The Vemuram Jan Ray is a pedal that has received a ton of hype over the last few years. It is said to emulate the sound of a classic Fender blackface amp at breakup. That's why some people call is a fender blackface pedal.
The Vemuram Jan Ray is a boutique pedal that is hand made in Japan. They are said to be of exceptional build quality, and last for a lifetime.
Something unique about the Jan Ray is that it has a brass pedal enclosure. The brass enclosure is said to cut down on static. Whether that is true or not... we cannot really tell the difference. Either way it gives the pedal some weight and extra protection. Plus it looks pretty cool.
Vemuram Jan Ray Specifications
The specs of a pedal are not nearly as exciting as the specs of a guitar or amp, but here goes.
- 70x112x50 mm
- Compatible with both 9v and 18v. 9 is recommended though
- Knobs: Volume, Gain, Bass, Treble
- Has a Saturation Trimmer
- True Bypass switch
- Brass enclosure
At its surface the Vemuram Jan Ray is a super basic overdrive pedal. It has the classic four knobs that control Volume, Gain, Bass, and Treble. It does not seem like anything special.
A few things that do make it special include the saturation trimmer. This allows you to really turn the gain up on the pedal if you so wish, or to really take it down.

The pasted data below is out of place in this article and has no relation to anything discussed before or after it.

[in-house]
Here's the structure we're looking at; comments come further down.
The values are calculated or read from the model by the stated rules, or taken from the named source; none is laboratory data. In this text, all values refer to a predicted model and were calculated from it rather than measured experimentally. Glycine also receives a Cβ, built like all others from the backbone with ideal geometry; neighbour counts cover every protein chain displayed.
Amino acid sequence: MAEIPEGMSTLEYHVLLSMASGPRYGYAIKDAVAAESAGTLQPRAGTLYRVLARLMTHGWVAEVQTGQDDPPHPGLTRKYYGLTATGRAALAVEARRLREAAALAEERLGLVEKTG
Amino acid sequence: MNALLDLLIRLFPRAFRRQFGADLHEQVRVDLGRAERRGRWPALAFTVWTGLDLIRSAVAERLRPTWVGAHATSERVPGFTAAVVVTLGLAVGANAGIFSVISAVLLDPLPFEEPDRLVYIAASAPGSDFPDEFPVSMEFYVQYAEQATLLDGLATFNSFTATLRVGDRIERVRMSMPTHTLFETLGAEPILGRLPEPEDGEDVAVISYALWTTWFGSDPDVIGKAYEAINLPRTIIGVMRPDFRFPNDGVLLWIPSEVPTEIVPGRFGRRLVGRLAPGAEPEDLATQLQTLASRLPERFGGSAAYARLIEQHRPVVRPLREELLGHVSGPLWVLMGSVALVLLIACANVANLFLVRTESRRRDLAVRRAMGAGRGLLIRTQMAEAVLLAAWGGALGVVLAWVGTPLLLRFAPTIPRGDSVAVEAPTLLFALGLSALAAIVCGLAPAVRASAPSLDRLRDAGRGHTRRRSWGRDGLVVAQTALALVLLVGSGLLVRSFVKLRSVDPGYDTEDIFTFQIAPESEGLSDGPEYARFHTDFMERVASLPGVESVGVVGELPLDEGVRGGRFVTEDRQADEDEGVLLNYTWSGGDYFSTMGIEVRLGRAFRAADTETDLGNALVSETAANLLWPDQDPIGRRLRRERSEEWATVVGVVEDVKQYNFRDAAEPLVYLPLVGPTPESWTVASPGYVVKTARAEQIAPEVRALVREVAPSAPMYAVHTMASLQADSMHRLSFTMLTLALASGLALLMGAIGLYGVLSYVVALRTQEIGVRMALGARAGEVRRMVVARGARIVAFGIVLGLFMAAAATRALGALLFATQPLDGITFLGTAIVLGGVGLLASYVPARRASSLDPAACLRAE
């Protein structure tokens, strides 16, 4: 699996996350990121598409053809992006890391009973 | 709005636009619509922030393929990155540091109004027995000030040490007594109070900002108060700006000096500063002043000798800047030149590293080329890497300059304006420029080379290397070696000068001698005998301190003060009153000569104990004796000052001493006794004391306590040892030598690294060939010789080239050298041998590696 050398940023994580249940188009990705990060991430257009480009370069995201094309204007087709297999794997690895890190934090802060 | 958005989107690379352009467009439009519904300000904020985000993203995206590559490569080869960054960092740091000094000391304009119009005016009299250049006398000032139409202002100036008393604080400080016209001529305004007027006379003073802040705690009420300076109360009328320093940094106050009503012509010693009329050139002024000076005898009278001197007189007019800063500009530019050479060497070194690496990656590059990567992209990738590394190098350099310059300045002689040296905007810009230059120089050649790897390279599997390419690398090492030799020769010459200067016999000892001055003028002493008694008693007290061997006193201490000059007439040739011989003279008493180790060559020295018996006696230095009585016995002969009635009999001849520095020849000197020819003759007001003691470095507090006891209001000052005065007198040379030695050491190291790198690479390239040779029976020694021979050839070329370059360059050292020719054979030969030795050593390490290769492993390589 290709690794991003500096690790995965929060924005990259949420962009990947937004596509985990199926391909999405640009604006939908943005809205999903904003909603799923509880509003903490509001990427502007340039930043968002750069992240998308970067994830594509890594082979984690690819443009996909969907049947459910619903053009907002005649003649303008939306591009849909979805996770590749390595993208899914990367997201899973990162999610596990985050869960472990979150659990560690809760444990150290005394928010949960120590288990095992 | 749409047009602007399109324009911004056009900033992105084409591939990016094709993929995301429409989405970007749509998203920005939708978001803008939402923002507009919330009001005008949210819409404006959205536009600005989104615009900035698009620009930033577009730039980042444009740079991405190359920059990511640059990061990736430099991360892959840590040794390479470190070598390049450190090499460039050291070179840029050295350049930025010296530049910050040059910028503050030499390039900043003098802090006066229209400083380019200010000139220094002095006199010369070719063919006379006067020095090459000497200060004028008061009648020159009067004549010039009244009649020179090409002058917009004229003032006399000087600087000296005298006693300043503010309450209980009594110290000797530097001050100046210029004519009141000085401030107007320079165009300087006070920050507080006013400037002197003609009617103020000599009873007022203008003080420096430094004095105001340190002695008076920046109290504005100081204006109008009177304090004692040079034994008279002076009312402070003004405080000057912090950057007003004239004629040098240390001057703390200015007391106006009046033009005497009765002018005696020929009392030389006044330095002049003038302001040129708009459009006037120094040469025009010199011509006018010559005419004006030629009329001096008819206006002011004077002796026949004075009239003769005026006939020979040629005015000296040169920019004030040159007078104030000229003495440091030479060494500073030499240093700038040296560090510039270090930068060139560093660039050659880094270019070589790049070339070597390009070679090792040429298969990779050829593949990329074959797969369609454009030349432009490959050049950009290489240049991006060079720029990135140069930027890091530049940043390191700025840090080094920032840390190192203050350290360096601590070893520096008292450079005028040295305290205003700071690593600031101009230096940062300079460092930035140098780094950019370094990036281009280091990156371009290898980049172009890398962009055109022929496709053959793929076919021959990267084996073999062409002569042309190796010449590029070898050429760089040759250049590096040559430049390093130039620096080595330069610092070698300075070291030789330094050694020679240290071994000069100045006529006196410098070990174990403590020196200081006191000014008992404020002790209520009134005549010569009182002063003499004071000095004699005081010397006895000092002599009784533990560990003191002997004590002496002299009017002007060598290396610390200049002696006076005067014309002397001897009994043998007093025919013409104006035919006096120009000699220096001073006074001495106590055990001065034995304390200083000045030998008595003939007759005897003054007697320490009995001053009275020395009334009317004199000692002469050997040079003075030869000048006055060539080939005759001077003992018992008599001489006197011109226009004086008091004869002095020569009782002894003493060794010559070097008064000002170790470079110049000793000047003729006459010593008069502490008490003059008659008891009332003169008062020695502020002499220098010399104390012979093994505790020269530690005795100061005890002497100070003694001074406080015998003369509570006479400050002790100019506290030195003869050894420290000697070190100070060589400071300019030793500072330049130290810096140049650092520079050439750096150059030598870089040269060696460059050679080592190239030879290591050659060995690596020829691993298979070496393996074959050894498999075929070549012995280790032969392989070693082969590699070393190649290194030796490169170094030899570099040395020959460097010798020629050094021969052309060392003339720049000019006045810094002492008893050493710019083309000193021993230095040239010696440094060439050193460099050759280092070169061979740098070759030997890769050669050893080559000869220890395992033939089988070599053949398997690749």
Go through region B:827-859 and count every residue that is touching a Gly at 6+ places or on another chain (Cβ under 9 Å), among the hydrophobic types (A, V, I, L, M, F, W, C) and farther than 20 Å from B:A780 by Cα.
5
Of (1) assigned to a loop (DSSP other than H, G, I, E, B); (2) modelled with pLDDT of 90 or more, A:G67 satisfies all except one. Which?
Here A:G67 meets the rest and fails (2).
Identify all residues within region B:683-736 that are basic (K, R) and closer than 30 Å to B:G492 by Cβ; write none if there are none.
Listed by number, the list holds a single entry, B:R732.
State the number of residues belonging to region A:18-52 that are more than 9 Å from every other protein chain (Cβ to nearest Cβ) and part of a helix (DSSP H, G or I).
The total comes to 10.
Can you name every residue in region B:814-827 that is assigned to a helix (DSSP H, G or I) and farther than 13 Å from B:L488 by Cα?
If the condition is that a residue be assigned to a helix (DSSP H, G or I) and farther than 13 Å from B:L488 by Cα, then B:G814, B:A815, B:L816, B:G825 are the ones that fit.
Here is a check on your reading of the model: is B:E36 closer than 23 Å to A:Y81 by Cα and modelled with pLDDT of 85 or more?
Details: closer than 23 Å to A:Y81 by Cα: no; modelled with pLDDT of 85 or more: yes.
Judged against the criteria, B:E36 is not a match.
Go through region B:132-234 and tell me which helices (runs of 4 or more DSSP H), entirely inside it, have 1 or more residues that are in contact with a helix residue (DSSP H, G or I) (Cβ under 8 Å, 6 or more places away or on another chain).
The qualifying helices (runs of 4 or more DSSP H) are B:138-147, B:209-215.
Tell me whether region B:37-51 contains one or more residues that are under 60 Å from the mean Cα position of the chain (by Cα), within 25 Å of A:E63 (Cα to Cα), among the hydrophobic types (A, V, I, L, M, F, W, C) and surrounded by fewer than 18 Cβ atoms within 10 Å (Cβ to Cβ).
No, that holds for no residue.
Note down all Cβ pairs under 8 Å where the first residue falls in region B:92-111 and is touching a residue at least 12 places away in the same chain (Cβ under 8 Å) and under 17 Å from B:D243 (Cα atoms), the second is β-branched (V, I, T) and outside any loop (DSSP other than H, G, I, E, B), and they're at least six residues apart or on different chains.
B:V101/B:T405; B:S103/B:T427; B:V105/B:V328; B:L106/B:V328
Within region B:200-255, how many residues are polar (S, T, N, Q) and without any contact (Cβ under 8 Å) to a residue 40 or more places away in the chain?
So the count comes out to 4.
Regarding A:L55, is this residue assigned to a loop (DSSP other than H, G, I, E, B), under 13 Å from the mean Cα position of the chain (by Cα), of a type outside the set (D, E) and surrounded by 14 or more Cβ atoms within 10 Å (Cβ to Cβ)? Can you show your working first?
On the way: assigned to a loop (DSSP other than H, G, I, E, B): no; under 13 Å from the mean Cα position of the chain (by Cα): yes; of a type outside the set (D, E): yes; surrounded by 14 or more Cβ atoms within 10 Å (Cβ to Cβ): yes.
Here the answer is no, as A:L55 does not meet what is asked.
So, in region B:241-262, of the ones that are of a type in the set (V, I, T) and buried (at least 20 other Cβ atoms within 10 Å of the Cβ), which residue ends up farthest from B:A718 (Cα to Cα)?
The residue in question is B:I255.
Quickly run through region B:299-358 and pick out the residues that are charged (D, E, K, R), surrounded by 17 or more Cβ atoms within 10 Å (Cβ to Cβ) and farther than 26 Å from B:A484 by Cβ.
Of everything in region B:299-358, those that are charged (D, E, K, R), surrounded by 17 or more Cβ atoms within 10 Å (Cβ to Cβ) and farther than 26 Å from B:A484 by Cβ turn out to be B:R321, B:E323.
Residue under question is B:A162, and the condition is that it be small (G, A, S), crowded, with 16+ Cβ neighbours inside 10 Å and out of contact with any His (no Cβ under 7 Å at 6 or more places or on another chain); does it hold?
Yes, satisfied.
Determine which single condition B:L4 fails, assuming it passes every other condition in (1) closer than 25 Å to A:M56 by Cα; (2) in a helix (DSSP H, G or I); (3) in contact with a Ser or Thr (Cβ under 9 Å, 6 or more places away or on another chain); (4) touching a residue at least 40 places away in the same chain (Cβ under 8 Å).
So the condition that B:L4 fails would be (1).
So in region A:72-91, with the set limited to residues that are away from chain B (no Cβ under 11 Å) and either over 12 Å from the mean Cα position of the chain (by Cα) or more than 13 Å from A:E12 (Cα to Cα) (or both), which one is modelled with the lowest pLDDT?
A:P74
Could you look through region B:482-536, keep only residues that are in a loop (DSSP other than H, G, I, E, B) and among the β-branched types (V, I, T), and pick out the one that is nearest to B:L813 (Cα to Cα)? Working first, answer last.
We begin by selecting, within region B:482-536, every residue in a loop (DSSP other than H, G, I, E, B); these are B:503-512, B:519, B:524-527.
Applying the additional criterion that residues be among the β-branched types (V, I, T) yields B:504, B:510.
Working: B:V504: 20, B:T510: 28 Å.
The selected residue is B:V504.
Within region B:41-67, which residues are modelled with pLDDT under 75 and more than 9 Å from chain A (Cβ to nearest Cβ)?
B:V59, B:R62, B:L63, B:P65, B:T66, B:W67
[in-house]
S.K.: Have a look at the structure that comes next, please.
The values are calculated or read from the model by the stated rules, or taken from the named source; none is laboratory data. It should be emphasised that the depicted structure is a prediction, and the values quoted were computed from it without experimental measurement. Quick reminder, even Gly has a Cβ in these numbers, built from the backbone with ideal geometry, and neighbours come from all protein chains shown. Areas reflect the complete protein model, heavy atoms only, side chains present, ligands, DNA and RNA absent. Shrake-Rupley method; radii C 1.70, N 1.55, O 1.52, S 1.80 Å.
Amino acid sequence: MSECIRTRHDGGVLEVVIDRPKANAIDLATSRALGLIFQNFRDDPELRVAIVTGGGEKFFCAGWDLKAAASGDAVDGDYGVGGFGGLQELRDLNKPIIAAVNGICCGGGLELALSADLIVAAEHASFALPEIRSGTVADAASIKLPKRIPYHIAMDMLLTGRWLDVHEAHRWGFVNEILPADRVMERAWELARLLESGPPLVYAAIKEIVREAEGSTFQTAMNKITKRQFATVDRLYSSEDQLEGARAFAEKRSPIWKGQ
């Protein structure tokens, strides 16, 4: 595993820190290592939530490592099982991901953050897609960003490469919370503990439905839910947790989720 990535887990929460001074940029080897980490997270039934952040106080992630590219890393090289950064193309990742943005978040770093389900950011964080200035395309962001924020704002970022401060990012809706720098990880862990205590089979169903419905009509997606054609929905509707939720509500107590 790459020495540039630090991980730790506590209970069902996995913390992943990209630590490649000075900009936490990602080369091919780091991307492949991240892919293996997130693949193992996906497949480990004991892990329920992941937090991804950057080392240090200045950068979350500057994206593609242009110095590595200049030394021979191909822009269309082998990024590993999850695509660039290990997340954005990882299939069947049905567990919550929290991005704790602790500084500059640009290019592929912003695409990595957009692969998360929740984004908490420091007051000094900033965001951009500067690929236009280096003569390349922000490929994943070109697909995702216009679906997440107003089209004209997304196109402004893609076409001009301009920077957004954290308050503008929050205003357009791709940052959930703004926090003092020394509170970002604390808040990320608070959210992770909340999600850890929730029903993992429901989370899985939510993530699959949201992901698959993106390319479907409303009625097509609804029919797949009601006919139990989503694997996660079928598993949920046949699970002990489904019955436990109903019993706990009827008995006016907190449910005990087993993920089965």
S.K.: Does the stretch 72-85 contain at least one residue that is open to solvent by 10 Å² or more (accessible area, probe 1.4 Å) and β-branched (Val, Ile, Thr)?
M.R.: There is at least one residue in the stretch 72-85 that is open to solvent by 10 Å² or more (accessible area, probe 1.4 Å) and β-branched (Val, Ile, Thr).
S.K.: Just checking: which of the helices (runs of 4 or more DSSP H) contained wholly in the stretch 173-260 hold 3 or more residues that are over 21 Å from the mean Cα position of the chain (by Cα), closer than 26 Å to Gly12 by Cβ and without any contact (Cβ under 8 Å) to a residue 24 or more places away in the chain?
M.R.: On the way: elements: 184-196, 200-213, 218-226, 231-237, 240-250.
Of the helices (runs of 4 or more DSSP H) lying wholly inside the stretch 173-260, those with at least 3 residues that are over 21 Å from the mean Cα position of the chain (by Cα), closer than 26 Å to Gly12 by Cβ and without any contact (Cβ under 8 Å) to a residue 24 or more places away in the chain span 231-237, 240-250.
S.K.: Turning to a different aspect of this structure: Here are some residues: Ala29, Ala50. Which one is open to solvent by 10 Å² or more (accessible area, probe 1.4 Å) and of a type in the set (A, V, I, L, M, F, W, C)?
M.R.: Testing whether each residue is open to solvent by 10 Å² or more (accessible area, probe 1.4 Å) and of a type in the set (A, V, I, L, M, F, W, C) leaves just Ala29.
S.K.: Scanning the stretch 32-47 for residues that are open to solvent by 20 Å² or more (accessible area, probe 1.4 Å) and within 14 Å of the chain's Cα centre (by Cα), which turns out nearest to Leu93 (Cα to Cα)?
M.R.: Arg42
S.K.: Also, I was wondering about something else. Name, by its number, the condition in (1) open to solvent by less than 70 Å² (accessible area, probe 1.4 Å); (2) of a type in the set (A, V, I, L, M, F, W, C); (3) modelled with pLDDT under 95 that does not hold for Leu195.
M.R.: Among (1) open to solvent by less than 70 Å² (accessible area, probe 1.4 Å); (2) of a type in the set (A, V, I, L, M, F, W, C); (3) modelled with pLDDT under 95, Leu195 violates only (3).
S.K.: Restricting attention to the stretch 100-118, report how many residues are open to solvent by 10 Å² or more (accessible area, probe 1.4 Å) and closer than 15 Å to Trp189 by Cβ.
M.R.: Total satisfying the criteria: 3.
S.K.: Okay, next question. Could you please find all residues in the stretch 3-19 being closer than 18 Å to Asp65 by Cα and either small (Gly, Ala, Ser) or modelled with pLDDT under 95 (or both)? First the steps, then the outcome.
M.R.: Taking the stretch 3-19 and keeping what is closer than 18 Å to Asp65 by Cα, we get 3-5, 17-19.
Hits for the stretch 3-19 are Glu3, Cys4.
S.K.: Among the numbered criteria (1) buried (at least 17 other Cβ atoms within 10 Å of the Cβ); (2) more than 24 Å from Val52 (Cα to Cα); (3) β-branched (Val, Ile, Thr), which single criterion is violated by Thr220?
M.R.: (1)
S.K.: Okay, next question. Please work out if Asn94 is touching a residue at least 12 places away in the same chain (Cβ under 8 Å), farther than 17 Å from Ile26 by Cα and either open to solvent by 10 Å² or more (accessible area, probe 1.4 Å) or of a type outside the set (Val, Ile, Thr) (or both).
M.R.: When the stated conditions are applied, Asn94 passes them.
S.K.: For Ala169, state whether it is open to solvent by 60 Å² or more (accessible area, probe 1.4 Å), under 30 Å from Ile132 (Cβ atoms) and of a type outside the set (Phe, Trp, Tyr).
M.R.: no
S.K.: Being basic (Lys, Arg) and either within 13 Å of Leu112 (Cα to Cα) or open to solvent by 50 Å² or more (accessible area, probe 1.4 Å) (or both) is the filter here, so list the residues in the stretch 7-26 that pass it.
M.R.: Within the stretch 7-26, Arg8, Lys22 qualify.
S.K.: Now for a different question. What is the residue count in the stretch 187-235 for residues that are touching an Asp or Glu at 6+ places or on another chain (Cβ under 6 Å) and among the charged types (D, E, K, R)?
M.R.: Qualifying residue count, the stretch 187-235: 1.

Its compatibility with 9v or 18v is pretty cool also. The company does say though that it is not responsible for any malfunctions when the pedal is connected to 18v rather than 9v.
The true bypass switch isn't super unique, but it is always nice to know that you are not losing any signal while the pedal is turned off.
Vemuram Jan Ray Controversy
The vemuram jan ray had a controversy that was centered around the idea that the circuit was stolen from another pedal designer.
It doesn't really seem to be too legit to me. And the pedal sounds great, so it doesn't matter to me.
Vemuram Jan Ray Personal Experience
I bought the Vemuram Jan Ray for around $360 online a few months ago. It quickly became my main overdrive pedal, and is always on my pedal board. I often times use it as a boost pedal of sorts.
If the tune calls for steady overdrive throughout, but a solo in the middle, I would likely use my tube screamer for the rhythm playing. Once the solo comes I would throw the Jan Ray on, and the sound cuts right through the room beautifully without being too loud.
With the saturation trimmer the Vemuram Jan Ray can be used as a little bit of a boost pedal, all the way to near metal overdrive. I say "near metal" because it doesn't quite get that heavy, but it almost gets there.
Is it Worth It?
I really have nothing negative to say about this pedal. It offers a great sound along with great longevity. Although it doesn't come cheap it is a pedal that can quickly become a mainstay on your board, and can last the rest of your life.
Overall, I love the Jan Ray and do not regret purchasing it one bit.
Vemuram Jan Ray: Is it Worth it? - Dwane's Music